That Robert Utter's cancer manifested itself peripherally in his lungs is indicated by hospital x-rays, as examined and testified to by Dr. Selikoff: "I have placed on the out box two x-rays dated July 16, 1966 at the Episcopal Hospital with the name of Robert C. Utter. Both taken on the same day but one taken in the posterior anterior projection and the other taken in the lateral projection. The films have two significant abnormalities. The first abnormality is the appearance of a mask lesion rather nodular in outline located peripherally in the right upper lobe and well seen also on the lateral projection. Its peripheral nature is beautifully demonstrated by clear lung between the hilar structures, the central bronchi in other words, and the lesion itself. This is similarly demonstrated on the lateral projection where again the main bronchi area seemed to be several inches away from this peripheral neoplasm, lesion." (Emphasis added) The carcinoma in Cecil Bambrick's lungs, according to Dr. Selikoff, was also peripherally located. Dr. Selikoff offered the following testimony with respect to the records of Mr. Bambrick's hospitalization: " I was interested to read in Dr. Fite's report when he talks about interpretation of his historical findings. He talks about the fact that it's an epidermoid carcinoma which is another way of saying aquamus carcinoma, but he was struck by its peripheral location, he says the peripheral location in the lung parenchyma is somewhat atypical for a primary carcinoma of the lung however, on the assumption that no other epidermoid carcinoma has been identified in other parts of the body the primary pulmonary nature of this lesion may be assumed. In other words what Dr. Fite is saying is that there is an awfully unusual place for a lung cancer. Could it have been coming from somewhere else, this is very unusual for an ordinary lung cancer and it is. Most of the usual lung cancers are central in location, the asbestos lung cancers are usually peripheral in location although they may assume different forms that location is significant." (Emphasis added)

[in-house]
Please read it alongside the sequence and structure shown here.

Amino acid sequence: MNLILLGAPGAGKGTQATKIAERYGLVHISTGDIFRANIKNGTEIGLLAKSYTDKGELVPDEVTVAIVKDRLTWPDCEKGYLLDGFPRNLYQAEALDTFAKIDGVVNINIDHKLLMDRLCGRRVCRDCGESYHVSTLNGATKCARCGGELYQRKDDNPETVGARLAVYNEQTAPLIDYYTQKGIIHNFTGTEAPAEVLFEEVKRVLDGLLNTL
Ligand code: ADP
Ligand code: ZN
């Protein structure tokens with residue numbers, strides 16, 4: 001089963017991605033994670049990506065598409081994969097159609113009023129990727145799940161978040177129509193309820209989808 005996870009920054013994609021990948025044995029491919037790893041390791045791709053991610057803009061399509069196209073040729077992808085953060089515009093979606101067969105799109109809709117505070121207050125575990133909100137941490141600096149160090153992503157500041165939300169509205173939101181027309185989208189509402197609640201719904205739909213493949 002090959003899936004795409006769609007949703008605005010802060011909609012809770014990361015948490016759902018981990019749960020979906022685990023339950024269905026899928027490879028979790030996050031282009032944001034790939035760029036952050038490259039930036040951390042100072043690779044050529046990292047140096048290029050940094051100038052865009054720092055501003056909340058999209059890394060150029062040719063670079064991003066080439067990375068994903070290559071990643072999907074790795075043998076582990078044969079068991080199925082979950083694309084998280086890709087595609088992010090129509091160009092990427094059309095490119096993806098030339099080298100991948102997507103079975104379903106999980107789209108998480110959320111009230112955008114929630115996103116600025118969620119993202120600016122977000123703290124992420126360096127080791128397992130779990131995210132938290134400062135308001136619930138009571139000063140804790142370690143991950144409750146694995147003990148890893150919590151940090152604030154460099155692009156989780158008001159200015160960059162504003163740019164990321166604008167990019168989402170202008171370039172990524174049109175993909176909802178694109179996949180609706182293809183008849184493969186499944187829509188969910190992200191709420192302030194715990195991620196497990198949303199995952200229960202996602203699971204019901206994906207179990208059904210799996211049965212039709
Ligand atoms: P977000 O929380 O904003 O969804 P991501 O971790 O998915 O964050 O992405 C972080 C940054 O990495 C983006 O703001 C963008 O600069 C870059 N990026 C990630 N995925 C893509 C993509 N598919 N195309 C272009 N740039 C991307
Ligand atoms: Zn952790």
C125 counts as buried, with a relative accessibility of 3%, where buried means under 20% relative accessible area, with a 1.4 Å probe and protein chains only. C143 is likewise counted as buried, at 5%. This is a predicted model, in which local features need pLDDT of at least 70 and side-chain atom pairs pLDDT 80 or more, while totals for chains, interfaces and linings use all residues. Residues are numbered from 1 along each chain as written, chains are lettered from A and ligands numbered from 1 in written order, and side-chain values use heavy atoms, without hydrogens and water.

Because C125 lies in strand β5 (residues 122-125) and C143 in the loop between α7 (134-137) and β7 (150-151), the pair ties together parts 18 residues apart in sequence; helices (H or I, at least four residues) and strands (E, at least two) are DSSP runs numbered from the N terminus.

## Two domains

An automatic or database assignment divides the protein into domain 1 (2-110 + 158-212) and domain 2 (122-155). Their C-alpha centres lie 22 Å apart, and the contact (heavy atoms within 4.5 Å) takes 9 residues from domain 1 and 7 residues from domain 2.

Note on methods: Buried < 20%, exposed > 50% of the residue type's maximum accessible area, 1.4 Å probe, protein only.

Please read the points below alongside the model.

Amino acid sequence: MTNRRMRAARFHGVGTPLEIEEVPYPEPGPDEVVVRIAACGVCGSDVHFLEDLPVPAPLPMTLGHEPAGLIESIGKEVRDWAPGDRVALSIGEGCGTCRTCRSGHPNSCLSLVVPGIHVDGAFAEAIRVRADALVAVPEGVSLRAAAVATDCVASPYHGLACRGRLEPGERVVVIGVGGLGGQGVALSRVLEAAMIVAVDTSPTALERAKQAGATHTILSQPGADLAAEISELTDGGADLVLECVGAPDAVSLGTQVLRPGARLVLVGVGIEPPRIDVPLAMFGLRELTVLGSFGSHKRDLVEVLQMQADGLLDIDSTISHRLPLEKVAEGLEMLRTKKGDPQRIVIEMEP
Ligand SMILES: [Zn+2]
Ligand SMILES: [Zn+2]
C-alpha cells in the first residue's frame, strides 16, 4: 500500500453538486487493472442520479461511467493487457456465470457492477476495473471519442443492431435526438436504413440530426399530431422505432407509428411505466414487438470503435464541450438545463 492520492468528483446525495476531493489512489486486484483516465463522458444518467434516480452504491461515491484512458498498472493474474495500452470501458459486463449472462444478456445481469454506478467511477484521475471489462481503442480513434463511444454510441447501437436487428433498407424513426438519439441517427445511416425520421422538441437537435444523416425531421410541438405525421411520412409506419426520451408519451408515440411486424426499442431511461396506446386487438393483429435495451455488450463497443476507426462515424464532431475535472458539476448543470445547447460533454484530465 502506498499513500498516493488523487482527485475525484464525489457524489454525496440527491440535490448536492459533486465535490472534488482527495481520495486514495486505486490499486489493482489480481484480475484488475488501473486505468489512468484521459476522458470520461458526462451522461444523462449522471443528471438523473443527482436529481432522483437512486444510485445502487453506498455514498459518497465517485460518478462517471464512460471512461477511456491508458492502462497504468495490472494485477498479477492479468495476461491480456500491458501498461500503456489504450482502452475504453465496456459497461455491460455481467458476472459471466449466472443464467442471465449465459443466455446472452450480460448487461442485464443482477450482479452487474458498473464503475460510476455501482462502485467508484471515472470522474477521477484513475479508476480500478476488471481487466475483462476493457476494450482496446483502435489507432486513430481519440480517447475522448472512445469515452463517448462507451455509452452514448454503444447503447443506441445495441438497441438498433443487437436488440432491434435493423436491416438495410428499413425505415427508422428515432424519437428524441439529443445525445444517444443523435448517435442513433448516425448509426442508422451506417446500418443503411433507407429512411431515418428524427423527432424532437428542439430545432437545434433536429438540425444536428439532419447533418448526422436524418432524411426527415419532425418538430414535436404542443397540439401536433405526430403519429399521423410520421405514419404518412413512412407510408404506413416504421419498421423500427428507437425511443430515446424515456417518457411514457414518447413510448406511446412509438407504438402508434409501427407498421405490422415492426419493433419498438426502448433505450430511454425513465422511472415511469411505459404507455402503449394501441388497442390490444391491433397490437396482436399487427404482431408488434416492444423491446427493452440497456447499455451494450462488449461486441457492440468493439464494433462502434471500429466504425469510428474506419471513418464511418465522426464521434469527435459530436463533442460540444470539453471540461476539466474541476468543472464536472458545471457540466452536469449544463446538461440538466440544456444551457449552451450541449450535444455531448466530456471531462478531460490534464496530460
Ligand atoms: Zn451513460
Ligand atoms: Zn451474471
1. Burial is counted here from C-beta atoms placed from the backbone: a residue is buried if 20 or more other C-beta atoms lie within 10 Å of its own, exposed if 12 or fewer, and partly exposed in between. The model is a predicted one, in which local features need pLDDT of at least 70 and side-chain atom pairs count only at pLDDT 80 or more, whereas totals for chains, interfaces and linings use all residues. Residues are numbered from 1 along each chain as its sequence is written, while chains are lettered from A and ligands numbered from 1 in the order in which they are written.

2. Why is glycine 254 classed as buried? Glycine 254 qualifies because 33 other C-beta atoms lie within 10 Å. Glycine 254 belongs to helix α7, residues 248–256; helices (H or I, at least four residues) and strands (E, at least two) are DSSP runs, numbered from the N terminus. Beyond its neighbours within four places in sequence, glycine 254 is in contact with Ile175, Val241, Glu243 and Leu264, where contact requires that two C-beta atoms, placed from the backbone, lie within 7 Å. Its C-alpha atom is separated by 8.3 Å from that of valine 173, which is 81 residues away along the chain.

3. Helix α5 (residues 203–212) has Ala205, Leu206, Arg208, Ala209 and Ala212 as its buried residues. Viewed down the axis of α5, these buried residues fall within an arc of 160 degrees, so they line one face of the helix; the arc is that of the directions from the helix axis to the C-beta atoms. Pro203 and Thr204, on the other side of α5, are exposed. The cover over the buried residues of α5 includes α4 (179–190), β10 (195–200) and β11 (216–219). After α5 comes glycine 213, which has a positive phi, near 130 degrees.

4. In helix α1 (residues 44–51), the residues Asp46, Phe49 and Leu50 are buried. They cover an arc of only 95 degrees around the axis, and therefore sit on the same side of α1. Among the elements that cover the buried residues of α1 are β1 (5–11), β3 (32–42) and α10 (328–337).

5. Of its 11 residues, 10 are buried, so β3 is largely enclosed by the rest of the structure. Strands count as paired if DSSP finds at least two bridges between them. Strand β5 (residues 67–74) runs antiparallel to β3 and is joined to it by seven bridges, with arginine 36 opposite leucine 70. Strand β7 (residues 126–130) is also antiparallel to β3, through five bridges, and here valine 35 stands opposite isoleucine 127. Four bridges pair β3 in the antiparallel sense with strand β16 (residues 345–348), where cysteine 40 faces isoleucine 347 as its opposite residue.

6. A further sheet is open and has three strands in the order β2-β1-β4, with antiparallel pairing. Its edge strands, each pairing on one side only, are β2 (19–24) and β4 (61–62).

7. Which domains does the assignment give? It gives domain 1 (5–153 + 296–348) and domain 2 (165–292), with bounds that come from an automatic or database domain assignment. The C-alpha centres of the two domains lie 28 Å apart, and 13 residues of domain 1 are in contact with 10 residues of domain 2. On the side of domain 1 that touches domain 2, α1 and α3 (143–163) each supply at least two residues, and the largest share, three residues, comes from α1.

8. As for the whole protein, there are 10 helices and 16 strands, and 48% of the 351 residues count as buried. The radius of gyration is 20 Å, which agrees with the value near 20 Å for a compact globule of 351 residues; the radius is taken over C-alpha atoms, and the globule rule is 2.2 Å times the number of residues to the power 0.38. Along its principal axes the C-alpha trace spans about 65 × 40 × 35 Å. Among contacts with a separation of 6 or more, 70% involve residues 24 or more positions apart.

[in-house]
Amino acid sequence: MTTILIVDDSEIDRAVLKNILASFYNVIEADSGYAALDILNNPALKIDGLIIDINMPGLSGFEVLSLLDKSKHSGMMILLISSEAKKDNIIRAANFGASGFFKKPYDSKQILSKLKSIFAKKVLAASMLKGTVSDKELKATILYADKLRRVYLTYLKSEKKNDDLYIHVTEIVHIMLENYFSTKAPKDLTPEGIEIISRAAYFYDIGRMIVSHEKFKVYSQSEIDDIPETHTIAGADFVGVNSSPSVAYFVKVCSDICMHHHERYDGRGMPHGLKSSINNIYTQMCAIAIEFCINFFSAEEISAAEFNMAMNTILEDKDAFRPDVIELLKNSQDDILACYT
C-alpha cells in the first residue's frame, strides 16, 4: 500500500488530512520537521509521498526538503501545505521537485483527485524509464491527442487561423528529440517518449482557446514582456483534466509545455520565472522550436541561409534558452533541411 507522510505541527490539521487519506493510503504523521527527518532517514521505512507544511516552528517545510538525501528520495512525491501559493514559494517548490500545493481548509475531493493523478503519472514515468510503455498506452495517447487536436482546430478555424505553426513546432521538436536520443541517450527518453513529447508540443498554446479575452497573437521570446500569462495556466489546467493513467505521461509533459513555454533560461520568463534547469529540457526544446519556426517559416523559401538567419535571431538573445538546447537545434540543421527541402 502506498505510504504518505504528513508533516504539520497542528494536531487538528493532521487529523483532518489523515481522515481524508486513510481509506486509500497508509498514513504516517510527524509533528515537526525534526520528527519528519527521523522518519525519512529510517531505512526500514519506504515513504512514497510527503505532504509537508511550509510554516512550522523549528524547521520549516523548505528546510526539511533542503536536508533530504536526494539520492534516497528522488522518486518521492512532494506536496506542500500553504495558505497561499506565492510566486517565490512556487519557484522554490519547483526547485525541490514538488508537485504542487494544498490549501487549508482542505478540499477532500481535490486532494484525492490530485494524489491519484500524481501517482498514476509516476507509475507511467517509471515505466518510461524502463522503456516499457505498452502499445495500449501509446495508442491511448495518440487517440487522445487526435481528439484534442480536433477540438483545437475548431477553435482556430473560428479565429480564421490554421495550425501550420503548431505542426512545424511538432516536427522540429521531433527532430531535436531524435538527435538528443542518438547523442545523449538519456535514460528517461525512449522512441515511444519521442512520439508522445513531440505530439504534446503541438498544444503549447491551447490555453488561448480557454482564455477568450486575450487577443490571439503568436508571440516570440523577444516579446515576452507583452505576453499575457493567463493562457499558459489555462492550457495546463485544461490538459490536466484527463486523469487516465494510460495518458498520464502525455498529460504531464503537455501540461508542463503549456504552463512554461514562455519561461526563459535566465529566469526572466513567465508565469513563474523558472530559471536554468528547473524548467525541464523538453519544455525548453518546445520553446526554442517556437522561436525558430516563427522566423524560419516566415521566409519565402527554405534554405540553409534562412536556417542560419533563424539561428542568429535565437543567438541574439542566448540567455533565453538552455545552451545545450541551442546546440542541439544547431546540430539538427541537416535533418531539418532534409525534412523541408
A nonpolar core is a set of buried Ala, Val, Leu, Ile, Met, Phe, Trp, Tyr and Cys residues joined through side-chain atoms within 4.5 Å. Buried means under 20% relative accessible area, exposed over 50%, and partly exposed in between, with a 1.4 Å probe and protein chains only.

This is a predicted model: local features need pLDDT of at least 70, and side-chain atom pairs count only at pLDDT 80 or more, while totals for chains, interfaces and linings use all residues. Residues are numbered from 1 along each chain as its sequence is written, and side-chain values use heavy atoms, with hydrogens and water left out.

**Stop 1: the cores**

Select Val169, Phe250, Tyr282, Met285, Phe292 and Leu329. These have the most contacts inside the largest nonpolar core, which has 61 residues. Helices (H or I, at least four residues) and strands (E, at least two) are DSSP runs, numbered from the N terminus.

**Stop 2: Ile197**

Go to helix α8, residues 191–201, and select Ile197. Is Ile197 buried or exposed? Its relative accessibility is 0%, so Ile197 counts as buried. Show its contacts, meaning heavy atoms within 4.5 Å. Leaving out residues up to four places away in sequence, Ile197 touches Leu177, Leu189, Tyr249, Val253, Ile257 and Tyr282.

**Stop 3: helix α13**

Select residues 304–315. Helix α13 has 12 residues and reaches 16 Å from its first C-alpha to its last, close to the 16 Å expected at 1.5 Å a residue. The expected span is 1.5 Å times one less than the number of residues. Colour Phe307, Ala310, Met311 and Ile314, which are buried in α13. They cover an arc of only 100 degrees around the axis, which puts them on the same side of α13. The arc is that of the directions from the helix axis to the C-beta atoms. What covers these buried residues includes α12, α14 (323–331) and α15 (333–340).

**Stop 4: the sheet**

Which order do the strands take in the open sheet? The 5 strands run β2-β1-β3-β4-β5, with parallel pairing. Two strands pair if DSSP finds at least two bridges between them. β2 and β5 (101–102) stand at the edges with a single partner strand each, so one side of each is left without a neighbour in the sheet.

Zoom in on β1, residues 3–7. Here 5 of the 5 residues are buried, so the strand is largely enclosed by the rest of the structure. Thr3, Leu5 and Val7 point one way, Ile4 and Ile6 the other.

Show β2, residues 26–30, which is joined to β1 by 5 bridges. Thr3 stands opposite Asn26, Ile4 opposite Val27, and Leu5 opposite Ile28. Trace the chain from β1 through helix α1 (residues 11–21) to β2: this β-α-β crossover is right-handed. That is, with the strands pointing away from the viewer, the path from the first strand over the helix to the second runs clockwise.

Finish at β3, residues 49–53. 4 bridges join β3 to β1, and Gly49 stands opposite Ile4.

Appellees argue that Scott v. United States Steel, 203 Pa. Super. 459, 201 A.2d 243 (1964), is dispositive of the issue of whether these claimants may recover under Section 108(n). In Scott, the claimant was employed as a laborer in the coal tar by-products division of United States Steel. When the claimant became totally disabled from lung cancer, and eventually died, his widow brought a claim for death benefits under Section 108(n) of the act. The Superior Court affirmed the decision of the Workmen's Compensation Board denying the claim, and in language bearing upon the decision here, expressed its view about the quality of evidence necessary to sustain a claim under Section 108(n): "The burden of proof under [§ 108(n)] is a heavy one. [The claimant] must prove that the disease, in this case, lung cancer, is a hazard of his employment and that he was exposed to it; that cancer is a disease which is peculiar to the industry or occupation; and that it is not common to the general public. . . . We must take judicial notice of the fact that lung cancer is not peculiar to this industry and that it is common to the general public. We might just as well say that this claimant was exposed, in this industry, as he might very well be, to the common cold and that it is peculiar to the industry and not common to the general public." 203 Pa. Super. at 462, 201 A.2d at 244.